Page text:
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Re: <nettime> gentrification of hacking
John Young on Mon, 17 Aug 2015 00:12:54 +0200 (CEST)


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Re: <nettime> gentrification of hacking


Gentrification of hacking is by those studying, reporting, historicizing,
philosophizing, theorizing, aestheticing, curating (spit) it. As with
gentrification in general, it reifies the reification, a deft academic
opportunism, one might be so vulgar as to say the very product of
nettime and every growing crowd of cohorts. Amazon-ian in intent.

Gentrifiers dare not hack, but do inveigle their way into hacker havens,
publish about hackers, testify against hackers, consult with governments
about hackers, speechify hackerdom at security fora, advise film and
media about hackers, produce hacker-derived aesthetic objects, even
advise crude and obnoxious hackers about advancing careers as
hacker, ex-hacker, hacker informer, undercover cop, covert agent
academic with hacker cred, and if all goes well sign on to distinguished
institutions, cybersecurity corporations, and duplicitous NGOs like
In-tel-Q where PhDs are taxidermied for showboating at DefCons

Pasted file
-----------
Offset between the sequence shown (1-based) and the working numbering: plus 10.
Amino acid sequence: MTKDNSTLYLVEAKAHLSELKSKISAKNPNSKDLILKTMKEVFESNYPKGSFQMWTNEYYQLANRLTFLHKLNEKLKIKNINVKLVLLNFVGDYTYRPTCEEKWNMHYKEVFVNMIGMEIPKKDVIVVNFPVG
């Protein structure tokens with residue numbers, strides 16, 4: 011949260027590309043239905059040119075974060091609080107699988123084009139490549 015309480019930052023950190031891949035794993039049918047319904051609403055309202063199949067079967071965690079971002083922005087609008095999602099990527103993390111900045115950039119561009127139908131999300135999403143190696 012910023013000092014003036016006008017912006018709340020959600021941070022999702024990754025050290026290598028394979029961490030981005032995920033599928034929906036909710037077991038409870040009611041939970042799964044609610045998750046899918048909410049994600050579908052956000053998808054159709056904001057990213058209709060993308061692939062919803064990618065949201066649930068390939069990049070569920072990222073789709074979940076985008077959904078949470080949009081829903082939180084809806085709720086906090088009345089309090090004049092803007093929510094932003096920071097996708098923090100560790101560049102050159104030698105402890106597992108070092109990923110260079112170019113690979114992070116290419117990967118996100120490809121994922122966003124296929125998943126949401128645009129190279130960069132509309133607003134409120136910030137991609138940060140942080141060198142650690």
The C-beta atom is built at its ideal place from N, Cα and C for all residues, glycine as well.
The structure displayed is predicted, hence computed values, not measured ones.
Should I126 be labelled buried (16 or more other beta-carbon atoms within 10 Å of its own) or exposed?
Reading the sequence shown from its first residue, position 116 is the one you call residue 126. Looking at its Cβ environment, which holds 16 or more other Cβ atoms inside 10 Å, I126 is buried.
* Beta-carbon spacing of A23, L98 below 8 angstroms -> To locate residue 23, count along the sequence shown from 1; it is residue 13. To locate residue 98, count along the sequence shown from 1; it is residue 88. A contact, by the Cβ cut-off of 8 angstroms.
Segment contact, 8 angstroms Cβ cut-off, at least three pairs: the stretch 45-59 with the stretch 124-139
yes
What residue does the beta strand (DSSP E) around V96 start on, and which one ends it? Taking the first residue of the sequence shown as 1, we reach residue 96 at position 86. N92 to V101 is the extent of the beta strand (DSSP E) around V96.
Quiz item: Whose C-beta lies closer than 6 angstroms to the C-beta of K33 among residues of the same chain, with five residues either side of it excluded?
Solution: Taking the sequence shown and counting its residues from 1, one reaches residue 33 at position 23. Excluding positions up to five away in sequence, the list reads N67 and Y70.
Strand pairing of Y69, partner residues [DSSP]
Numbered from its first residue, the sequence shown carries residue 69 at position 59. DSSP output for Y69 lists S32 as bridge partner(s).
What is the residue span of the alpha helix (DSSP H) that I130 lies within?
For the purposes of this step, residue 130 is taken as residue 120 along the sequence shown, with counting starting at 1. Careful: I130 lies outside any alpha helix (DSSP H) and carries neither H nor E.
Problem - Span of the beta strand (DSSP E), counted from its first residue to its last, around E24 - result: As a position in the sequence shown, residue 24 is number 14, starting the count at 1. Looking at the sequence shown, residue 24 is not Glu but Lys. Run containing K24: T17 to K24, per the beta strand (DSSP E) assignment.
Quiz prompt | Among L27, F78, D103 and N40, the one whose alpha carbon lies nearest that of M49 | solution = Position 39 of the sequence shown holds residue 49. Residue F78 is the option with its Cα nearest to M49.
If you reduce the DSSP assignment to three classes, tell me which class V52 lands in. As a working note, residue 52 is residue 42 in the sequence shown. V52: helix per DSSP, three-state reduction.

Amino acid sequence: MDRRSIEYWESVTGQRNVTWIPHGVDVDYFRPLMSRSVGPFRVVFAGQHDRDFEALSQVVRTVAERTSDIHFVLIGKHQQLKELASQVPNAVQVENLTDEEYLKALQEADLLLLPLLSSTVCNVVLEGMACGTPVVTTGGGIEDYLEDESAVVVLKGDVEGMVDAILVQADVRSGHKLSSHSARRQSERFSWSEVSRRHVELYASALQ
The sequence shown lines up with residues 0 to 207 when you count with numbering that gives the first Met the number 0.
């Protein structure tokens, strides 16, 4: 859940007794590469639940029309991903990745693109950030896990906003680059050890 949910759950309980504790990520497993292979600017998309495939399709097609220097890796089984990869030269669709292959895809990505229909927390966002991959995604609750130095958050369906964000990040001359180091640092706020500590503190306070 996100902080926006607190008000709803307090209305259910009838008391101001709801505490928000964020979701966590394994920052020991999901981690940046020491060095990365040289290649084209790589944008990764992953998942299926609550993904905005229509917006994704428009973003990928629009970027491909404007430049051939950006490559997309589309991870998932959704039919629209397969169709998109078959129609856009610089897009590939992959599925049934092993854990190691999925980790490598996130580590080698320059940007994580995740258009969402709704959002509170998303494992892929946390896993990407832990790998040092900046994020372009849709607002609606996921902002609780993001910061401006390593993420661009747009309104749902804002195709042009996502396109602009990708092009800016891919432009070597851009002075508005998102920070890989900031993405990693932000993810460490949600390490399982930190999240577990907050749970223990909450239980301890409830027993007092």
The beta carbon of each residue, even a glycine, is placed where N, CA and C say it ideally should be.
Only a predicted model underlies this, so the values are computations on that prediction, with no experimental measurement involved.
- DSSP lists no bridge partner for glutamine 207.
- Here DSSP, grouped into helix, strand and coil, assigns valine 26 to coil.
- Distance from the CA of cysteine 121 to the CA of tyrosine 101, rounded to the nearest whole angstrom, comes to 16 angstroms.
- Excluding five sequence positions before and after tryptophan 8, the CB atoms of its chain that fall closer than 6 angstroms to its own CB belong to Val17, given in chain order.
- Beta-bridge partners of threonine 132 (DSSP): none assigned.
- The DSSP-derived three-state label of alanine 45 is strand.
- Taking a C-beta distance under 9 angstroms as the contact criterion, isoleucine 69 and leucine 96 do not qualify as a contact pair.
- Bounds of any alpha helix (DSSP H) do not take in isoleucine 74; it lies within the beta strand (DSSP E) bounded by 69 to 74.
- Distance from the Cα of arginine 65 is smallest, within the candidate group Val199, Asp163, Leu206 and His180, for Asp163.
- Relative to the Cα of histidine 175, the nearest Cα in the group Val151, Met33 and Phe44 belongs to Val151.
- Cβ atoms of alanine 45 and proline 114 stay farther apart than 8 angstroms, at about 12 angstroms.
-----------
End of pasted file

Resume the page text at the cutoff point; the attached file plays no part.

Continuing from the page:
and CCCs, then on to global appearances via speaker bureaus
and paid conferences,

Gentrifiers are allegeric to jail themselves but do exploit the few
hackers who get nabbed through the assistance provided to
law enforcement by gentrifiers, not least by celebrifying hackers
so that officials are induced to go after them for budget enhancement.

So goes gentrification in all its vile piggish manifestations. Behold the
origin of the term to cloak, deceive, defuse dissent, advance the
interests of property holders. White hat hacker cartels are making
a killling policing gentrification cyber real estate.

At 02:58 PM 8/16/2015, you wrote:

Thanks Biella,

You're much more of an expert on this than I am, so it's good to see
this. My main objective was to stir up debate a bit to keep people on
their toes, rather than necessarily believing in the 'death of the
hacker'. A lot of my writing has an ambiguous relationship to factual
reality, or I often deliberately mix together descriptive accounts of
things with normative accounts of things I'd like to see, and
sometimes they blend into one... well, perhaps this is a way of saying
that I am less an academic than I am a shit-stirrer, and sometimes I
will make things cruder than they actually are in order to push a
political agenda. I want the politicization to continue, and pointing
out the forces against politicization is one way I do that. Hope this
makes sense
<...>


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